dential campaigns on that subject It
was specifically stated many times
over that there was an enormous
quantity of these dollars in circula
tion and as there was about 100 per
cent profit in making them, there
would be thousands more of them
continually made. It requires no great
mechanical skill to make a silver dol
lar so perfect that it cannot be de
tected. Instead of 40,000,000 of them
being in circulation, there are prob
ably 100.000,000.
Long before that time the editor of
The Independent wrote article after
article pointing out the impossibility
of a current silver money coined, at a
rate far below the value of the metal,
for it would be impossible to detect
counterfeits. If money of any kind
was to be circulated, the value of which
did not depend on the material of
which it was composed, then that mon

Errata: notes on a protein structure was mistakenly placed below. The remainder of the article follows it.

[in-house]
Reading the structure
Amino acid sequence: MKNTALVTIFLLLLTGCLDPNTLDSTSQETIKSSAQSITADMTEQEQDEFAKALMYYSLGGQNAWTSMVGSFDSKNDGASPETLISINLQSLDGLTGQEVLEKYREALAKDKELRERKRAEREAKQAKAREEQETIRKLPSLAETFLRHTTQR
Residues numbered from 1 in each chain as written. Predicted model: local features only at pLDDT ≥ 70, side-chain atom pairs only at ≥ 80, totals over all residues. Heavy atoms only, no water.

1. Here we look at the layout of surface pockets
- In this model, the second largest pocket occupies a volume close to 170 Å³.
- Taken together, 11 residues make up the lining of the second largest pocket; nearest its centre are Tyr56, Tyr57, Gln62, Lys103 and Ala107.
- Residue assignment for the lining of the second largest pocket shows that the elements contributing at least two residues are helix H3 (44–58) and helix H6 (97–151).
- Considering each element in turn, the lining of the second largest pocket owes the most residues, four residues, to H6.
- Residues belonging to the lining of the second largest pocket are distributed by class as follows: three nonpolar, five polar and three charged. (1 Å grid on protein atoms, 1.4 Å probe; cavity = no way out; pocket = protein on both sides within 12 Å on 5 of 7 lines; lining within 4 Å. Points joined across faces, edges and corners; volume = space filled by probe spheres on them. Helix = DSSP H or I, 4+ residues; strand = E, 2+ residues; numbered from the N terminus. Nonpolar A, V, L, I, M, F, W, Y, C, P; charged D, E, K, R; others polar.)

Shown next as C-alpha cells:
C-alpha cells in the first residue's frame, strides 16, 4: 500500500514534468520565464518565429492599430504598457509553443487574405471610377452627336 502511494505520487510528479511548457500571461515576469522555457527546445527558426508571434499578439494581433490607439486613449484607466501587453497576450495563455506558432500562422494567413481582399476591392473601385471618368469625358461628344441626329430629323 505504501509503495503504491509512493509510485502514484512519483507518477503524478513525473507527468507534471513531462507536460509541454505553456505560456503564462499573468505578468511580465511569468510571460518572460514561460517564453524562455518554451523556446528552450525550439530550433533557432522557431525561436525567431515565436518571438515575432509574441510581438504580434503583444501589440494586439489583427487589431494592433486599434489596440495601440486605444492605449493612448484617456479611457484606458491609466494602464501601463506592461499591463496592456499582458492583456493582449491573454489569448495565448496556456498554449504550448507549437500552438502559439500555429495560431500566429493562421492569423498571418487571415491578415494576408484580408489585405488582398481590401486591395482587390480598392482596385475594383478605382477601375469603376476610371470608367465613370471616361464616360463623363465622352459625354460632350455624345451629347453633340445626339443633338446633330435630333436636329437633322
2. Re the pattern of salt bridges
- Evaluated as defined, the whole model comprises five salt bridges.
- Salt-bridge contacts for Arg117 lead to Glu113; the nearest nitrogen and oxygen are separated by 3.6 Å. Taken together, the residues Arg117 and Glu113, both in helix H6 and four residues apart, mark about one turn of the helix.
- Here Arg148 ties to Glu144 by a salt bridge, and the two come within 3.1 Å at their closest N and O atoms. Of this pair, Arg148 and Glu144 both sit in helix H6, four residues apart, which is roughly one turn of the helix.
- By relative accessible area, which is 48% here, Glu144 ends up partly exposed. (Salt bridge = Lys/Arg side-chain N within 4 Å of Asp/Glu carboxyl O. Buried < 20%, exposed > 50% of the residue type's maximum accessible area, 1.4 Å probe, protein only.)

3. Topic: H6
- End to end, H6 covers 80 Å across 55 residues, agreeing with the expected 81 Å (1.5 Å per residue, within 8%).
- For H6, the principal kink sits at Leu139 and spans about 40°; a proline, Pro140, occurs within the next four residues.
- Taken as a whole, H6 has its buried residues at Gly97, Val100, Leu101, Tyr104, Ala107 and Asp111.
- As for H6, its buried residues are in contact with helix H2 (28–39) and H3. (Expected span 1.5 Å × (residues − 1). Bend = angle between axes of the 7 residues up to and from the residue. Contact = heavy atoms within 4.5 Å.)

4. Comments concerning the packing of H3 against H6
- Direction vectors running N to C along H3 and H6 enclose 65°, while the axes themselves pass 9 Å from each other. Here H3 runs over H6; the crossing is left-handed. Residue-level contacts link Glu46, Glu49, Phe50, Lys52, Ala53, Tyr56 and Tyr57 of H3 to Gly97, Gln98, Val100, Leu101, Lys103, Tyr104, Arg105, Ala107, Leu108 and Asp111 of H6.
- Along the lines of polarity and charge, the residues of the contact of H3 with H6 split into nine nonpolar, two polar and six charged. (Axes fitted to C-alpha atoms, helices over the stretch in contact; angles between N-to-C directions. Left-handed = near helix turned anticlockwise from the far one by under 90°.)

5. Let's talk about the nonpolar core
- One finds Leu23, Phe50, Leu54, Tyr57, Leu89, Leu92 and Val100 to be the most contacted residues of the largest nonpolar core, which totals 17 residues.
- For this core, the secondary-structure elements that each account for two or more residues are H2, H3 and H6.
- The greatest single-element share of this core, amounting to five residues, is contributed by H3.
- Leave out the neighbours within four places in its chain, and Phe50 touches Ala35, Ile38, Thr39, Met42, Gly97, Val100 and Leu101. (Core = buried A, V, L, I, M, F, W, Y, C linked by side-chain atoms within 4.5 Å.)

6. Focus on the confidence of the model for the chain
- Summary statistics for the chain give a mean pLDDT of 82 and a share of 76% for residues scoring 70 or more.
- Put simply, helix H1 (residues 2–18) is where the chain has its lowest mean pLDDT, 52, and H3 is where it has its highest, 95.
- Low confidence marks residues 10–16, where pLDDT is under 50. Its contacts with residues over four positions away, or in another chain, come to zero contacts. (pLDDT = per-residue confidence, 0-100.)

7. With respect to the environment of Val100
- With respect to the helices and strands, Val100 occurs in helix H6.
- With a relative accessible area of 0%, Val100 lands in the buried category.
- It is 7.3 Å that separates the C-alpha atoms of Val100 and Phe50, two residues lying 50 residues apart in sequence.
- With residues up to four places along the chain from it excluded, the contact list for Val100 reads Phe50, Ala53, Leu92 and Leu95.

ey must be made of paper so manufac
tured that it would be impossible to
circulate counterfeits without detec
tion. Whenever an economic law is vio
lated, there results unending difficul
ties. No. man can forsee them all.
Every day adds new testimony to the
absolute scientific accuracy of the pop
ulist theory of money and sooner or
later all the nations of the earth will
be forced to adopt it.
There are some things connected
with the matter that appears in The
Independent that is indeed very puz
zling. Economic articles which ap
pear in the editorial columns of this
paper reappear almost word for word
in scientific journals, in speeches, ad
dresses and pamphlets almost contin
ually. What is most astonishing about
it they "bob up" in the most unex
pected places and are always credited
to some distinguished professor or
man eminent for his studies in econ
omics or sociology. These men must
be in the habit, not only of thinking
the same thoughts, but of expressing
them practically in the same words
that The Independent uses.
"Which is why I remark,
And my language is plain,
That for ways that are dark
And tricks that are vain,
The modern professor's peculiar
Which the same I am free to main
tain." Recently there was a dinner given
to professional economists at Copley
Square, Boston, by the single tax
league in which they discussed
Ground rent; what is its nature, oper
ation an l office; what causes it, what
maintains it, how much is there of